For more technical information, check the full “ESET APT Activity Report” on WeLiveSecurity. Make sure to followESET Research on Twitter for the latest news from ESET Research.

ESET APT Activity Reports contain only a fraction of the cybersecurity intelligence data provided to customers of ESET’s private APT reports. ESET researchers prepare in-depth technical reports and frequent activity updates detailing activities of specific APT groups in the form of ESET APT Reports PREMIUM to help organizations tasked with protecting citizens, critical national infrastructure, and high-value assets from criminal and nation-state-directed cyberattacks. Comprehensive descriptions of activities described in this document were therefore previously provided exclusively to our premium customers. More information about ESET APT Reports PREMIUM that deliver high-quality strategic, actionable, and tactical cybersecurity threat intelligence is available at the ESET Threat Intelligence page.

Elon Musk Denies Having Signed A Deal With Tucker Carlson…. While Announcing Encrypted DM’s And More

Posted in Commentary with tags on May 10, 2023 by itnerd

The fun with Twitter continues. Let’s start with Tucker Carlson. News filtered out via the disgraced Fox News host that he was going to host a show on Twitter:

Besides the fact that Carlson is likely to into a fight with his ex-employer over this move, he references the kind of free speech that Elon Musk loves to talk about. Which brings me to the Elon connection. He took to Twitter to distance himself from Carlson:

In short Elon said the following:

“I also want to be clear that we have not signed a deal of any kind whatsoever. Tucker is subject to the same rules & rewards of all content creators. Rewards means subscriptions and advertising revenue share (still working on software needed for latter), which is a function of how many people subscribe and the advertising views associated with his content. I hope that many others, particularly from the left, also choose to be content creators on this platform. “

You have to wonder why Elon put that out there. After all if Carlson came to Twitter, that would bring a lot of eyeballs to the platform which I am sure that Elon needs right now. My guess is that Elon does not want to tie himself directly to this because Carlson is like Kryptonite to advertisers who only returned to advertising in his old time slot after Fox showed him the door. And Elon needs advertisers to keep the lights on at Twitter. Though the flip side to this is that if Carlson signs up for Elon’s content creator program, Elon will get a cut of the revenue while maintaining a stance that he hasn’t cut any sort of special deal with Carlson.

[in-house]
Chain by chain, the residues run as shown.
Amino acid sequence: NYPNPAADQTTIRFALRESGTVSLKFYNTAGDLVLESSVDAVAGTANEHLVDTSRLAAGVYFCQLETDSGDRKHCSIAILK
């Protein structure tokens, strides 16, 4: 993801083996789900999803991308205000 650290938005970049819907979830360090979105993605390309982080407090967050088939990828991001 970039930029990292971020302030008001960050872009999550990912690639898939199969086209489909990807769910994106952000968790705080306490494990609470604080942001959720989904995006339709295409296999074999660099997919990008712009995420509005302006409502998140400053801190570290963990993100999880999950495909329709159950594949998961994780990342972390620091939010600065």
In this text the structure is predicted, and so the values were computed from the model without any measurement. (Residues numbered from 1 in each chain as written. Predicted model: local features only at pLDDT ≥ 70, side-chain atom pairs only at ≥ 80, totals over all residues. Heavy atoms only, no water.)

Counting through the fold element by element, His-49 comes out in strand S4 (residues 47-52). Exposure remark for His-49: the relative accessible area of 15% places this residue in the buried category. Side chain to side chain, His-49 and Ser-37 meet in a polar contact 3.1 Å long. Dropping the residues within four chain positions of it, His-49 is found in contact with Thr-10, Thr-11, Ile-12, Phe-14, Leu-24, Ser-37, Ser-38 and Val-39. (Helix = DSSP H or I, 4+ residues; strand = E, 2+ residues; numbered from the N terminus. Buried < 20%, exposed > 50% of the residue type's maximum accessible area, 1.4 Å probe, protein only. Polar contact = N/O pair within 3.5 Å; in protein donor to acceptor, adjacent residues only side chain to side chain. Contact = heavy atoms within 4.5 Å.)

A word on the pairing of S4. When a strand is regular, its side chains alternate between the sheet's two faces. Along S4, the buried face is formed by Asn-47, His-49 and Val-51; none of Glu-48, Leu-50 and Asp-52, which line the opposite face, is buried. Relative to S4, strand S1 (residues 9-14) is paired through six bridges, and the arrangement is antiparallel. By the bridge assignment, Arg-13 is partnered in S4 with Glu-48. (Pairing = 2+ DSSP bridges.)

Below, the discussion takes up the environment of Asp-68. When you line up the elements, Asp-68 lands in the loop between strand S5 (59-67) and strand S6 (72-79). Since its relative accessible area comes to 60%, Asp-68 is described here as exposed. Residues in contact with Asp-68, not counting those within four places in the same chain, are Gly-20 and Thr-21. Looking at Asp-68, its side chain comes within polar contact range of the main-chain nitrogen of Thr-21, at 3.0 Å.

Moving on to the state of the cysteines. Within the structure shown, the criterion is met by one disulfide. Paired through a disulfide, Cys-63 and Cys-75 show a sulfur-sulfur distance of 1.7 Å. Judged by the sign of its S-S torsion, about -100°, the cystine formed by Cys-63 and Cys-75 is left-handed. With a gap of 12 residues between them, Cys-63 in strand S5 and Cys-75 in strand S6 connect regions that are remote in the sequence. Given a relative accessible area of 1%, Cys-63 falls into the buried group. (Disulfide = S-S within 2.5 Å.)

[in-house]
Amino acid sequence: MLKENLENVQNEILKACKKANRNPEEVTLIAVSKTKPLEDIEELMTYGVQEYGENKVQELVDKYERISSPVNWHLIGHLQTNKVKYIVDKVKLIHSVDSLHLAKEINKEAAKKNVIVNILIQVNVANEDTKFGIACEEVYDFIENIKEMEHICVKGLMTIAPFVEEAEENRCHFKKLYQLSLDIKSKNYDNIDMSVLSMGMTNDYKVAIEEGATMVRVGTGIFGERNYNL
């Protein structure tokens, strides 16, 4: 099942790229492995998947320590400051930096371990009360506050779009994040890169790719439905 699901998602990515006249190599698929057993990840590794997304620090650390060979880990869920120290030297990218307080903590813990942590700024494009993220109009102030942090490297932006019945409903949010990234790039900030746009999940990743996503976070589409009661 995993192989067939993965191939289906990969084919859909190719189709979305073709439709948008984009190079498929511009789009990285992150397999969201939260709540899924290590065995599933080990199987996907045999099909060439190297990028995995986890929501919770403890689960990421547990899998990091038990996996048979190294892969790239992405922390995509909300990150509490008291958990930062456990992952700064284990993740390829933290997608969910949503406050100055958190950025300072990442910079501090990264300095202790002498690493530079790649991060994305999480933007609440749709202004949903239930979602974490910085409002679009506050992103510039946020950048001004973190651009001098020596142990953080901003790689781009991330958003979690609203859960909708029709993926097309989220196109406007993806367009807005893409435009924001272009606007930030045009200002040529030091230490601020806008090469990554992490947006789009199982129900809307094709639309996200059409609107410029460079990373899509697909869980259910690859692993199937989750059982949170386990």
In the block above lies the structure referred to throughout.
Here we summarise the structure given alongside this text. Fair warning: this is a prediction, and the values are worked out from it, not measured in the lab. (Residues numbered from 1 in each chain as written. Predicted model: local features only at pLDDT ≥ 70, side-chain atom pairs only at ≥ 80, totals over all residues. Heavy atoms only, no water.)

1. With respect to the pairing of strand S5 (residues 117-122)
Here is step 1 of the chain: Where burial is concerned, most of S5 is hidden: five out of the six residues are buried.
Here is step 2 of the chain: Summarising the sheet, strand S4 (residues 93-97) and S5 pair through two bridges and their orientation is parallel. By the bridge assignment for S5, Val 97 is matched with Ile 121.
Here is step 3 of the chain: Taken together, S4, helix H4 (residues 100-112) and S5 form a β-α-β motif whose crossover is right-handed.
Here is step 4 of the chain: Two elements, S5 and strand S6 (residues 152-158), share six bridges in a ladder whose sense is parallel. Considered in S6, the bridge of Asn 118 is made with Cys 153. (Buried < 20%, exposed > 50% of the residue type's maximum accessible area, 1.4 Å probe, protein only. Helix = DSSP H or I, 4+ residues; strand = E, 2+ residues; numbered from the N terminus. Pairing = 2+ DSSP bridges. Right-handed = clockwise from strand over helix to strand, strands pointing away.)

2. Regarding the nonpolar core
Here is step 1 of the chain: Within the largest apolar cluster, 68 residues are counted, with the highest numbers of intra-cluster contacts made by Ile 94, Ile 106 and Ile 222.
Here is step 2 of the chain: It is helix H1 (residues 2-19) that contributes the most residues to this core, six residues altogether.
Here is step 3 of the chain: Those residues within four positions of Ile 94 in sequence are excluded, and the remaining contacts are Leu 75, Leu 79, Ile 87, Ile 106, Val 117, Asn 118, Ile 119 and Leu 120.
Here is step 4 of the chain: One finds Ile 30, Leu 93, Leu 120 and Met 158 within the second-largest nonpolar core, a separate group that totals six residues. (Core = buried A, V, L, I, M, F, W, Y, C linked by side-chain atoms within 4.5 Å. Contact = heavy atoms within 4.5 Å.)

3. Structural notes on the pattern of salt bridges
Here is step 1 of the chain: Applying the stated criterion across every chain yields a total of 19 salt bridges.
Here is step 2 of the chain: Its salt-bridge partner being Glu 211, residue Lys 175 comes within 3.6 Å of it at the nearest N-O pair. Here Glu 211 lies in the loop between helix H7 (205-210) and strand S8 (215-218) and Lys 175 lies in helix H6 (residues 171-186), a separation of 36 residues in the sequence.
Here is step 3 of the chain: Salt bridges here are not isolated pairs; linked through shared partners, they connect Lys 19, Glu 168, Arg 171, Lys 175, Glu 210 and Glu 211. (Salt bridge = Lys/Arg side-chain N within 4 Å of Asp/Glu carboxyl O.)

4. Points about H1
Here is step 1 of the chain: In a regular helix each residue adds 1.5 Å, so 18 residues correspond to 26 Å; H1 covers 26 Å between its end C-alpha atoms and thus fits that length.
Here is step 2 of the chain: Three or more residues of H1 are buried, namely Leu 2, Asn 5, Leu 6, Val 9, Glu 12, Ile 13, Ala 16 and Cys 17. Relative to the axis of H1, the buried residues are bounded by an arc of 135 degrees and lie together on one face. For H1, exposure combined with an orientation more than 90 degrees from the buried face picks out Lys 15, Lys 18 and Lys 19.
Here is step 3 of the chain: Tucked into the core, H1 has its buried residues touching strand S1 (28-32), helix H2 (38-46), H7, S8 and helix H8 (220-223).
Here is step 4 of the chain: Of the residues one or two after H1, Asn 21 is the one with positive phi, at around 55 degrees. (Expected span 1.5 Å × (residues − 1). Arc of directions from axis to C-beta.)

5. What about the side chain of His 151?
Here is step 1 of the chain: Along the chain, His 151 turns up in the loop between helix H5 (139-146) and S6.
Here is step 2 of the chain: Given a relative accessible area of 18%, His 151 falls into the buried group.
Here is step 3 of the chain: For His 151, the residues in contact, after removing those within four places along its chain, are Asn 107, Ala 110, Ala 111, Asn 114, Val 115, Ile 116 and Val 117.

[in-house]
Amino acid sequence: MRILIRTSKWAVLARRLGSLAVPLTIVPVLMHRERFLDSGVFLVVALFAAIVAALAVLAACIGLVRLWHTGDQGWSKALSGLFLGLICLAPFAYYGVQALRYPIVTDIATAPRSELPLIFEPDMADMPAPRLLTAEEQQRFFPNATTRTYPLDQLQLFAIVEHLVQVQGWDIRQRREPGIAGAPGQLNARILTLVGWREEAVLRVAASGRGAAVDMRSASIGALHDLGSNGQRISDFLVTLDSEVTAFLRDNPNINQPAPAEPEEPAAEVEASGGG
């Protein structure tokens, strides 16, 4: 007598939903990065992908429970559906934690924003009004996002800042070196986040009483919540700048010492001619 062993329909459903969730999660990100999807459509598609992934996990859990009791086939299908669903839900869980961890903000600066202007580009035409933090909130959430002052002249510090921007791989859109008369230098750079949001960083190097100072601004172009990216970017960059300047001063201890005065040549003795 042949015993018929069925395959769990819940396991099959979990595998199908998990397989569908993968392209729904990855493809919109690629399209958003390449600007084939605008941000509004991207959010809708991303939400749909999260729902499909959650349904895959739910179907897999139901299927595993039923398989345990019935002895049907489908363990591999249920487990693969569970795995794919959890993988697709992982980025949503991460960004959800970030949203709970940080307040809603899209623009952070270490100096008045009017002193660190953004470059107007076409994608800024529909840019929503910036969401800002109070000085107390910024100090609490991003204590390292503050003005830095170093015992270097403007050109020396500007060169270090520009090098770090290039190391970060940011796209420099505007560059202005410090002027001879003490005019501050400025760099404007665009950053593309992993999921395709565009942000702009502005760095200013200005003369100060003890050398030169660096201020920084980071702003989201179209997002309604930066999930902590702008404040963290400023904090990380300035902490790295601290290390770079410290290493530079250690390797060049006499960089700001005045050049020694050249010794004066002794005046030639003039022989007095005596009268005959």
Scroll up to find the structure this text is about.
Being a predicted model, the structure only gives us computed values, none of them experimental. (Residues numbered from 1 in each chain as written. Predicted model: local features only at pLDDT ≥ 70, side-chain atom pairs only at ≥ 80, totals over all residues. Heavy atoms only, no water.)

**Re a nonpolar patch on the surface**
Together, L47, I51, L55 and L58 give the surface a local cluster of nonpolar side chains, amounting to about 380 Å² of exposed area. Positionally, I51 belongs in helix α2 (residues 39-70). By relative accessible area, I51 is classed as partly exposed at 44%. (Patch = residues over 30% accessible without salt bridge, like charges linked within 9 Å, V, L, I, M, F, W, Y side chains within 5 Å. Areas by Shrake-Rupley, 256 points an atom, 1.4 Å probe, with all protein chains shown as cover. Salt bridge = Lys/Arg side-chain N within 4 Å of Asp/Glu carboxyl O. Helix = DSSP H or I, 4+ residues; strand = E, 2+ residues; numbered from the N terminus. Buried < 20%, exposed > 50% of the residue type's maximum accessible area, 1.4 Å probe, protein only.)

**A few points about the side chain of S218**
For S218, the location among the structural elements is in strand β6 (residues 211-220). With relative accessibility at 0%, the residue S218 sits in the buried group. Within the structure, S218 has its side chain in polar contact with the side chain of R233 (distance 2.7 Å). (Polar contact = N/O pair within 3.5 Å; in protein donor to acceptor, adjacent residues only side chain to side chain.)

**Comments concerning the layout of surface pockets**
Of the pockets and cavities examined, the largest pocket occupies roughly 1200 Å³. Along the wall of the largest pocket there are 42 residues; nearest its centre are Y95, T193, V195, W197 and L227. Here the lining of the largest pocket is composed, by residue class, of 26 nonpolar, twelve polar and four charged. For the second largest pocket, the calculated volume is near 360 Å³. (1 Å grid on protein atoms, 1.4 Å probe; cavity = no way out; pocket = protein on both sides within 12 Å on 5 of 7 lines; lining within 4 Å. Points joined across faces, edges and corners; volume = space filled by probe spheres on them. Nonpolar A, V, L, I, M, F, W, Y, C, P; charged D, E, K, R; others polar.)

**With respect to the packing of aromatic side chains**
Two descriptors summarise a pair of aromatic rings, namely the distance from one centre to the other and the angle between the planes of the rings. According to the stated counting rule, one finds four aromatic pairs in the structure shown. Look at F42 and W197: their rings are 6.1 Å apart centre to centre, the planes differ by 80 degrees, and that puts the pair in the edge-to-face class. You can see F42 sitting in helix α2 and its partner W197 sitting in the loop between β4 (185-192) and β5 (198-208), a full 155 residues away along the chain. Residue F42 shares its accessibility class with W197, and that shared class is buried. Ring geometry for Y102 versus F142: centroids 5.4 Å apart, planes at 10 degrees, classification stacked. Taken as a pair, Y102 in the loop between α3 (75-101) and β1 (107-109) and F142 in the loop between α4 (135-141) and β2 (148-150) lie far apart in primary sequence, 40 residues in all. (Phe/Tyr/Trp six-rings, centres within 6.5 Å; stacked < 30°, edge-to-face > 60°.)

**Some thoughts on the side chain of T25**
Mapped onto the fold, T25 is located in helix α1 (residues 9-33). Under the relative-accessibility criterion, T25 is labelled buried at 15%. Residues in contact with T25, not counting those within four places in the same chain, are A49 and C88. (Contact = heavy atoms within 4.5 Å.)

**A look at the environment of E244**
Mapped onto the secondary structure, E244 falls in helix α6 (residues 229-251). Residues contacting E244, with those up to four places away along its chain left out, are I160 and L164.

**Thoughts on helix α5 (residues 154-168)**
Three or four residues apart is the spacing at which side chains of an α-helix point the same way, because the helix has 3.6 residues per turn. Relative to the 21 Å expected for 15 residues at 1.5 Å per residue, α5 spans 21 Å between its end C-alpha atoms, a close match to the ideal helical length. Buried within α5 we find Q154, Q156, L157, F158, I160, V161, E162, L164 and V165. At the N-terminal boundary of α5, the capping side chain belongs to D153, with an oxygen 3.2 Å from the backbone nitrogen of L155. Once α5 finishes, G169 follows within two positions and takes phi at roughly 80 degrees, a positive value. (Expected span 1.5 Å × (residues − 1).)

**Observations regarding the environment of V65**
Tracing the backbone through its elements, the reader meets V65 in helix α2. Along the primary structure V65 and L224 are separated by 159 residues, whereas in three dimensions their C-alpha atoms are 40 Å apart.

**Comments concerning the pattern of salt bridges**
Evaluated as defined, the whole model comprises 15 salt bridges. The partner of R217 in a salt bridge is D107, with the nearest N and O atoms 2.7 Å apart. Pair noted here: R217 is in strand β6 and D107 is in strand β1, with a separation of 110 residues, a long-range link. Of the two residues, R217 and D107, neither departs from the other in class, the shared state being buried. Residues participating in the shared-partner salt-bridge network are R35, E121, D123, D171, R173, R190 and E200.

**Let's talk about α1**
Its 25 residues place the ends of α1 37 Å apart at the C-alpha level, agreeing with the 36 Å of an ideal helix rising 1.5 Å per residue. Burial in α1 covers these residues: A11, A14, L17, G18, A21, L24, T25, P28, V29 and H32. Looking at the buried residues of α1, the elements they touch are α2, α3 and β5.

The other thing that Elon did was announce this:

Here’s the Tweet in full:

“With latest version of app, you can DM reply to any message in the thread (not just most recent) and use any emoji reaction. Release of encrypted DMs V1.0 should happen tomorrow. This will grow in sophistication rapidly. The acid test is that I could not see your DMs even if there was a gun to my head. Coming soon will be voice and video chat from your handle to anyone on this platform, so you can talk to people anywhere in the world without giving them your phone number.”

While Elon did say that encrypted DM’s were coming, the voice and video chat thing is new. I wonder if that’s why he was trashing WhatsApp yesterday? Seeing how he operates, that’s a distinct possibility. Let’s see if he keeps the attacks against WhatsApp going.

Fun times.

A Follow Up To My Switch To The New HomeKit Architecture…. And A Tip In Terms Of Troubleshooting Bluetooth HomeKit Devices

Posted in Commentary with tags on May 10, 2023 by itnerd

At the end of March, I dove head first into upgrading to Apple’s new HomeKit Architecture. This originally rolled out before Christmas. And when it did it, it created so many issues for users that Apple pulled it and rolled it out again in late March. When I tried it, I had zero issues with it. But I also said this:

Now some people with larger HomeKit setups are noticing that everything is much faster now. But I haven’t seen that as I don’t have a huge amount of devices in my setup. However I did notice that accessing my HomeKit setup from my Apple Watch went from practically unusable to being fairly quick and responsive. Thus validating that this architecture was a success. Though I will need to do some additional testing on some of my location based scenes to make sure. Once I do that, I will update this story accordingly. But in short, I can say that nothing went wrong in terms of upgrading to the new HomeKit architecture.

Well, it took me a while to really test this new architecture. And I even tested an extra use case as well which I will get to in a minute. But I can safely say that if you have HomeKit devices on WiFi, you can safely say that accessing them will be a touch faster than what you are used to. This is true on Apple Watch, iPhone, and Mac.